It’s your last chance to give the American Psychiatric Association (APA) your feedback on the upcoming fifth edition of its Diagnostic and Statistical Manual of Mental Orders, or DSM-5.
This long-awaited and highly controversial manual, known as psychiatry’s diagnostic “bible,” is heading into the final stage of its revision process. The latest draft was posted on the APA’s website earlier this week and will be the center of discussion this weekend at the APA’s annual meeting in Philadelphia. Public comment closes June 15, and the final version of the revised manual will be published in May 2013.
As Dr. Allen J. Frances, a psychiatrist who headed the task force that oversaw the last edition of the DSM but who is now a leading critic of DSM-5 and its expanding definitions of mental illnesses, says he breathed a “sign of relief” that two of the most controversial proposals for changes to the DSM had been dropped: “attenuated psychosis syndrome” (or “psychosis risk,” as Frances calls it) and “mixed anxiety depressive disorder.”
“We have dodged bullets on Psychosis Risk and Mixed Anxiety Depression,” he writes in his Psychology Today blog. “Both are now definitely rejected as official DSM-5 diagnoses and instead are being exiled to the appendix.”
‘A safer place’
Frances is especially pleased about the purging of attenuated psychosis syndrome. “The world is a safer place now that [it] will not be in DSM-5,” he says. “Its rejection saves our kids from the risk of unnecessary exposure to antipsychotic drugs (with their side effects of obesity, diabetes, cardiovascular problems, and shortened life expectancy).”
The problem with the attenuated psychosis syndrome, adds Time reporter Maia Szalavitz in her discussion of the new DSM-5 changes, “is that only 8% of those categorized as ‘high risk’ because they have close relatives with the disorder or have suggestive symptoms actually went on to develop schizophrenia, according to a recent study. Many critics of the new diagnosis feared that it would legitimize the potentially dangerous practice of administering powerful antipsychotic drugs to youths. With every major manufacturer of antipsychotics already paying out hundreds of millions or billions of dollars in fines for mismarketing these medications to youth and the elderly, the problem of overprescribing is already rampant — particularly in vulnerable populations like foster care children.”
The overprescribing of medications is also why Frances and other DSM-5 critics had been so concerned about the vaguely defined “mixed anxiety depressive disorder” category.
But other DSM-5 controversies remain, which is why a group called Occupy the APA has scheduled a demonstration in Philadelphia on Saturday to coincide with the APA’s annual meeting.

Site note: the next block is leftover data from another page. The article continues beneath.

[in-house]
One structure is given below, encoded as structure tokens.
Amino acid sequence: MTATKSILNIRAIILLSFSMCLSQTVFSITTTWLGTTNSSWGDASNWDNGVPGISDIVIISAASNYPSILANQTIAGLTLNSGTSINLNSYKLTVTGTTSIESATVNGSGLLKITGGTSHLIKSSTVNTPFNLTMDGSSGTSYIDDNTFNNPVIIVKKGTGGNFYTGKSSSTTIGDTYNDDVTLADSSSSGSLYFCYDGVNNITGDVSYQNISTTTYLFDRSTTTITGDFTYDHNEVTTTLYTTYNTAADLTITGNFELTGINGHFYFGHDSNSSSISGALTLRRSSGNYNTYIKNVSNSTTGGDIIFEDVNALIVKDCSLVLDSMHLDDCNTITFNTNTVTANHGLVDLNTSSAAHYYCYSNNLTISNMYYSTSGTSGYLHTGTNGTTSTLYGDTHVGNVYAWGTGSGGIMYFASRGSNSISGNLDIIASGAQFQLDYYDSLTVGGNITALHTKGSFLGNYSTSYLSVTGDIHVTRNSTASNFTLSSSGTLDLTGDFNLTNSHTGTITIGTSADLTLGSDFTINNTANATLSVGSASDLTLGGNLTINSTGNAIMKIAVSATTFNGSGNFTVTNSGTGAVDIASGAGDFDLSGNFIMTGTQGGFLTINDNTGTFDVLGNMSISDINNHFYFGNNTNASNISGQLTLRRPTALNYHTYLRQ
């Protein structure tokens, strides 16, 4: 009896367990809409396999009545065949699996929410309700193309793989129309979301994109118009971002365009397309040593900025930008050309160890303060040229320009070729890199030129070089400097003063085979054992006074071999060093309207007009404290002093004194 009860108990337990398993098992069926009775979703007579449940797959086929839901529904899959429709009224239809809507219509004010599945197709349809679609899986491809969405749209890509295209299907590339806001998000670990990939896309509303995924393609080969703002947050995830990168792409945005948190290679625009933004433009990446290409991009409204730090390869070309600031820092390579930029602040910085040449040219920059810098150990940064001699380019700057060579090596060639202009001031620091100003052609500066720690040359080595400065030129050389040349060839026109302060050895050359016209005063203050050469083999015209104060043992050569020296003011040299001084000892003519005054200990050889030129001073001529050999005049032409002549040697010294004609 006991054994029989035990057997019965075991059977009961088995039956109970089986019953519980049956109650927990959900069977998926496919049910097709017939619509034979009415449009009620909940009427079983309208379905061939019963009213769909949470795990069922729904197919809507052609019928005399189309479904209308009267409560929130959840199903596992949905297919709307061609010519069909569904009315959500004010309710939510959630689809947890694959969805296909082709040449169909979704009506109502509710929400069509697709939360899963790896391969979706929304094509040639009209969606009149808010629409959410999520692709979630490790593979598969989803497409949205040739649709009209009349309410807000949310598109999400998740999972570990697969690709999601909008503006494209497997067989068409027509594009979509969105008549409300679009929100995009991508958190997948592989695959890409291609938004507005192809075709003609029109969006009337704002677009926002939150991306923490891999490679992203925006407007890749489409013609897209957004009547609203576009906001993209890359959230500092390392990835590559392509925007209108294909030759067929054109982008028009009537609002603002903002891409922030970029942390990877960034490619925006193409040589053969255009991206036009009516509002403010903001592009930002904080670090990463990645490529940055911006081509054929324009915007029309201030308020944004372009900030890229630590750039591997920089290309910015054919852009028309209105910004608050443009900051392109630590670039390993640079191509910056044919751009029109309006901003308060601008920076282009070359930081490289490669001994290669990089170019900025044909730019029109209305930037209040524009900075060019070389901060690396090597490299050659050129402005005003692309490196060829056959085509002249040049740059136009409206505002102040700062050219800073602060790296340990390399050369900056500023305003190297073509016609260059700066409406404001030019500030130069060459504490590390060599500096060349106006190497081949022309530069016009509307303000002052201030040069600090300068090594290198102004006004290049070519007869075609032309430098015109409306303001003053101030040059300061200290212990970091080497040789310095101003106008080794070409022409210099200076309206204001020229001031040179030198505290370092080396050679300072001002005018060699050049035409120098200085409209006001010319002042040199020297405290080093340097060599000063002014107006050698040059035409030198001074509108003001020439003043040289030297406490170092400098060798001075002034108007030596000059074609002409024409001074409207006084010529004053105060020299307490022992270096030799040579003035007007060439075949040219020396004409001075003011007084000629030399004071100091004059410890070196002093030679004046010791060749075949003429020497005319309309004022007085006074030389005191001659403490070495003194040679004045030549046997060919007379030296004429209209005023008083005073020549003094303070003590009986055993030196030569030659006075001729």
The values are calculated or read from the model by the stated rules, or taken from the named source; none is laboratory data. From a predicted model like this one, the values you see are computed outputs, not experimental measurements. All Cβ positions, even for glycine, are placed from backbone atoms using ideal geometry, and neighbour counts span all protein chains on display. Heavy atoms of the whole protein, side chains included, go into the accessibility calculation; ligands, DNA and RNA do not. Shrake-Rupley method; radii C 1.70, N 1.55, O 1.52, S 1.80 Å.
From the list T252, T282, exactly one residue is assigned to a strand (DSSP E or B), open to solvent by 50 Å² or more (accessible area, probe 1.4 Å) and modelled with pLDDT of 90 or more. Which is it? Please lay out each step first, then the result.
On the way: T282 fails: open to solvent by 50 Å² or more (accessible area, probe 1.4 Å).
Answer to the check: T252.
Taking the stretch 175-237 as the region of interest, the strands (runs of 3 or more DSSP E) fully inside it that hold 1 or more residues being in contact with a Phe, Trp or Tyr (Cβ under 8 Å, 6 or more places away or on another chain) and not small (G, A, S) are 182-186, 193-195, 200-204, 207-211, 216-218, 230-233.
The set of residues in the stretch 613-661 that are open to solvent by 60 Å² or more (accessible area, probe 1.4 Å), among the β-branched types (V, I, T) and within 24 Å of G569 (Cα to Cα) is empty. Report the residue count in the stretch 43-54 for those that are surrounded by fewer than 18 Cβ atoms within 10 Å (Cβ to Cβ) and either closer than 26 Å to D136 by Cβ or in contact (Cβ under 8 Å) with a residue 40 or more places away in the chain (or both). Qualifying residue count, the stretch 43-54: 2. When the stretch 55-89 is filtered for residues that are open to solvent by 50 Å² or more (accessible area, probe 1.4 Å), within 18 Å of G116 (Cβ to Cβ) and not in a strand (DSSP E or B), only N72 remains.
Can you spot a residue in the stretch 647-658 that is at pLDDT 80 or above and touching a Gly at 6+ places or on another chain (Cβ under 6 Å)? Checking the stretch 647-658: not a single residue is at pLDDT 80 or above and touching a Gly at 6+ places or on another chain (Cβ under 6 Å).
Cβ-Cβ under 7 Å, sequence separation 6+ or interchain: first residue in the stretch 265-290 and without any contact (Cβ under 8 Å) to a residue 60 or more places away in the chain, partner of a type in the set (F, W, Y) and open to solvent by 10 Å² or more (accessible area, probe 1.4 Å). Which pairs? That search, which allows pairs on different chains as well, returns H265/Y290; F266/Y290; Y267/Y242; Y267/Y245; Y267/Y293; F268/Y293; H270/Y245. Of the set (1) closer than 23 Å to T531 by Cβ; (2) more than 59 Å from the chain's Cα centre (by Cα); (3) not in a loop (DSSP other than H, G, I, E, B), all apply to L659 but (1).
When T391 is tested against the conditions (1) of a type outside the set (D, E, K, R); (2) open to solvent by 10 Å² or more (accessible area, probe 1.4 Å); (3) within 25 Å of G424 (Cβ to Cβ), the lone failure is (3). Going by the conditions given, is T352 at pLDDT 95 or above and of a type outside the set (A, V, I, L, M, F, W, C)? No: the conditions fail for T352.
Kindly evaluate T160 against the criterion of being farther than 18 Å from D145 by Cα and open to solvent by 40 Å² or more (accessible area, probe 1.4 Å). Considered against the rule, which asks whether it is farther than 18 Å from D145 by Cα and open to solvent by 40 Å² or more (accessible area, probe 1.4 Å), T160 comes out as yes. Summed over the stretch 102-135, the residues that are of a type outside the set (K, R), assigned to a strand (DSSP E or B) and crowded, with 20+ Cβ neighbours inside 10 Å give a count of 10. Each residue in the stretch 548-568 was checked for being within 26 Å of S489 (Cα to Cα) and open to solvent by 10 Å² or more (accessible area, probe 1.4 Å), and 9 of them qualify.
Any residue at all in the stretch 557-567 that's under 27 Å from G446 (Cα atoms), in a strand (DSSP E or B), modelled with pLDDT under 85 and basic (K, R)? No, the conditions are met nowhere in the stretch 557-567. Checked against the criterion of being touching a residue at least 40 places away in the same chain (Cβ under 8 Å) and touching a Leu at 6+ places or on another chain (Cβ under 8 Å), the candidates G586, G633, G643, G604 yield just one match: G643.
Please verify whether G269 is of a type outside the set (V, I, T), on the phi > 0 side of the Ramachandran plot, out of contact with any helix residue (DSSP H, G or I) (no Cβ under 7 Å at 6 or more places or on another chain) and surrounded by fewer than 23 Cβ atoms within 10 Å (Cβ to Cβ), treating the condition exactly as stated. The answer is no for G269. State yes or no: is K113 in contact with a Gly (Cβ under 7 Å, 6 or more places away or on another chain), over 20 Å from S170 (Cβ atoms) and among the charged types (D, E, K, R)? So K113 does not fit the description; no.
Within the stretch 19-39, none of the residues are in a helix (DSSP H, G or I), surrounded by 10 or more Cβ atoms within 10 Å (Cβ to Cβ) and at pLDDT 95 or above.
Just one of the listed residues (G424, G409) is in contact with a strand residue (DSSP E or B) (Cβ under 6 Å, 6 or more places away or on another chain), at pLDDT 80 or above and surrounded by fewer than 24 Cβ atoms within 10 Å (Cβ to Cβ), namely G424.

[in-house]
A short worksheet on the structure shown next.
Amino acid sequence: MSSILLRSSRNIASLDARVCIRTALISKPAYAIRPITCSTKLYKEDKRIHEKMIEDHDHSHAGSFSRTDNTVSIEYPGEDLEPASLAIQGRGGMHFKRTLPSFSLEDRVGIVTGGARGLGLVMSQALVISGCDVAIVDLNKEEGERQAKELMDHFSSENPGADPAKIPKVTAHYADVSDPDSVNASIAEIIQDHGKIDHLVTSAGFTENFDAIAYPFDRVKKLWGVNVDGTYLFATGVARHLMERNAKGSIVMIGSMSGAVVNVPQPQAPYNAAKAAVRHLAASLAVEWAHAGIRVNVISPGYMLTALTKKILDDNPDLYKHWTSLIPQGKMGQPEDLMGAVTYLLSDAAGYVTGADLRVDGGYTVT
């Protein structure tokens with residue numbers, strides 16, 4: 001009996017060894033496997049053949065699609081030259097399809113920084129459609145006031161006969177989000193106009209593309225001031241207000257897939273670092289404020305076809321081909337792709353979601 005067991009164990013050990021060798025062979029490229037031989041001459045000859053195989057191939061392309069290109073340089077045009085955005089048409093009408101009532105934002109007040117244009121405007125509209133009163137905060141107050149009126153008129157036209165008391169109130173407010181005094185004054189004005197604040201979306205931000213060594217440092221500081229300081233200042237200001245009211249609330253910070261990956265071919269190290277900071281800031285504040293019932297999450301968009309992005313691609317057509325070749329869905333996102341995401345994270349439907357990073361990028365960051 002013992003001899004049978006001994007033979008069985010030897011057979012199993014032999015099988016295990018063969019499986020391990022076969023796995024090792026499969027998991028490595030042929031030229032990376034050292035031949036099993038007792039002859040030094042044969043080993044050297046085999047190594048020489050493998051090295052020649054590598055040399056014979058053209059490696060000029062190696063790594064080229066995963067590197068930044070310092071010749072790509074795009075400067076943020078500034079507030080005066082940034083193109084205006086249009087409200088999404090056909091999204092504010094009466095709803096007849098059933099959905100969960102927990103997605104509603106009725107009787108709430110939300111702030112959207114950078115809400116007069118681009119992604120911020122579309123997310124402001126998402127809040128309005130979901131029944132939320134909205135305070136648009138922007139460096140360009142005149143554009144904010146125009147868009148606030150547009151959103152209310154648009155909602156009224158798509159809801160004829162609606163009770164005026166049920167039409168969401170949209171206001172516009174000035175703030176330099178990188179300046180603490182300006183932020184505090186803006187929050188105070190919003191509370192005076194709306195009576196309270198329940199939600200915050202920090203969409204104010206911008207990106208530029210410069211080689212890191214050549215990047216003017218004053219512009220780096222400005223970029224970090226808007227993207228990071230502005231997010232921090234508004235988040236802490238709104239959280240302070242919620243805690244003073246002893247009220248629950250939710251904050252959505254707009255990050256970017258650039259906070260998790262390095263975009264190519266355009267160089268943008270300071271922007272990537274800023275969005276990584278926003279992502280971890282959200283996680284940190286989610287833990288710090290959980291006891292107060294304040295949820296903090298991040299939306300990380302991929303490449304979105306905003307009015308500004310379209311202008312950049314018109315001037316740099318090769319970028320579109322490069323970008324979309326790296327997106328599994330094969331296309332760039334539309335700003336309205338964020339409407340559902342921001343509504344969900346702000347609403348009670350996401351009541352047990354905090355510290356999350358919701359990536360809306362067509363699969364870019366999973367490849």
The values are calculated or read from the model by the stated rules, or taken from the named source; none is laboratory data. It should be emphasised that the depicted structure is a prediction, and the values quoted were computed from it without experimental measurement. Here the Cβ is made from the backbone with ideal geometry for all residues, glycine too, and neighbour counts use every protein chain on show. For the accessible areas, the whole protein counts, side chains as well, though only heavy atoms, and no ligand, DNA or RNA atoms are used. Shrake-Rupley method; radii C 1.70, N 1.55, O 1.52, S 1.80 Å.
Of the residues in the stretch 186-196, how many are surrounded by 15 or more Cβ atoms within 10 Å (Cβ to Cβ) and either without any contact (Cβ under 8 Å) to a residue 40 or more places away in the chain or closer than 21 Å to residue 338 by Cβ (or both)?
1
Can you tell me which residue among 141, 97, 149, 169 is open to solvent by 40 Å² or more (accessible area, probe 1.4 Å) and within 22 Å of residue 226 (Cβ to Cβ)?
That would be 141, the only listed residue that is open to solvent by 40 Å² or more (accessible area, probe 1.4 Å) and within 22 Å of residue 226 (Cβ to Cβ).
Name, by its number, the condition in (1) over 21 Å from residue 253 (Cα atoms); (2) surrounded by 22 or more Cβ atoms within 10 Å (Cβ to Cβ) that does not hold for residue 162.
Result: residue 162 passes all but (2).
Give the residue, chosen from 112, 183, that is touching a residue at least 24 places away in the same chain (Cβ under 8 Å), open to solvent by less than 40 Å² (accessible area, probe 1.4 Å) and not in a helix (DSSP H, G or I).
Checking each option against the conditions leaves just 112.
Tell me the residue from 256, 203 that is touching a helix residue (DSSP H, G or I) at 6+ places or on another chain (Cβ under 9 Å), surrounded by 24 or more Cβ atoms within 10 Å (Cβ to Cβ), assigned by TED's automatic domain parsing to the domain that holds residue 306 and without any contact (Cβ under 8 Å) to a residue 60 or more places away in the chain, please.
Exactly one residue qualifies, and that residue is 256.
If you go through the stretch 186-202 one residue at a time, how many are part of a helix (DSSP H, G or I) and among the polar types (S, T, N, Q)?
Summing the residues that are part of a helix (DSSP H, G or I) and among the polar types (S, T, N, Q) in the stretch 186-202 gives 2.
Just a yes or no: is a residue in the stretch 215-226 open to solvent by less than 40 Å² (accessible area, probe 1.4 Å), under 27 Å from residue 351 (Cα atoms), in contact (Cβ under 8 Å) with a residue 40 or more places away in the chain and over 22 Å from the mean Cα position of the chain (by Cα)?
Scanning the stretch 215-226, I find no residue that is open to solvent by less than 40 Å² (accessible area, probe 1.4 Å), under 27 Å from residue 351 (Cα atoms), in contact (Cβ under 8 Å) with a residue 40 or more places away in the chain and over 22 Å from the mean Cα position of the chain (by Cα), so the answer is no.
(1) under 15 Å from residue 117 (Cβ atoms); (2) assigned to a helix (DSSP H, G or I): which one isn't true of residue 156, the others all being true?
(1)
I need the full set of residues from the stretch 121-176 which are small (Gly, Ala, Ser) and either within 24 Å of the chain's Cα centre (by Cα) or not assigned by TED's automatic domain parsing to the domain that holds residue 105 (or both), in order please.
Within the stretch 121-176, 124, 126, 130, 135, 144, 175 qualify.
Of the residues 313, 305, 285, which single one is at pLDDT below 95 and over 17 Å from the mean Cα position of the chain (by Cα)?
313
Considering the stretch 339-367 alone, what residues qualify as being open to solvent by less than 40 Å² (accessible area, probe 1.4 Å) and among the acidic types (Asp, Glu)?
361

“Much of the rest of DSM-5 is still a mess,” writes Frances. “The reliabilities achieved for many of the other disorders are apparently unbelievably low and the writing of the criteria sets is still unacceptably imprecise.”
Here are two of those remaining controversies, as described by Szalavitz:
Although some language was changed, the committee still seems determined to include bereavement in the definition of depression, which could allow someone who is going through normal grief after a loss to be diagnosed with major depression. In previous editions of the DSM, bereavement was excluded from the definition: depressive symptoms during grieving were not considered abnormal if they were better explained by the person’s loss and were not extremely prolonged.
Another change that remains is the elimination of the diagnosis of Asperger’s syndrome, which will be subsumed under autism spectrum disorders in the DSM-5. Autism advocates oppose the change because they are concerned that families affected by Asperger’s will lose critical educational and other services. They also contend that the revision will diminish clarity of diagnoses, both for research purposes and personal understanding.
The process is not over
The DSM is an important document for all of us because it’s used by mental health professionals to determine what behavior is “normal” and what isn’t (and, therefore, needs medication or other treatments). If you want to read and comment on the latest DSM-5 draft, you’ll find it on the APA website. You can also follow Scientific American editor Ferris Jabr and his colleague Ingrid Wickelgren over the next few days as they blog about the DSM-related discussions at the APA’s annual meeting.
Many reputations, egos — and dollars — are at stake with the revisions to the DSM-5. More changes to the document are sure to come.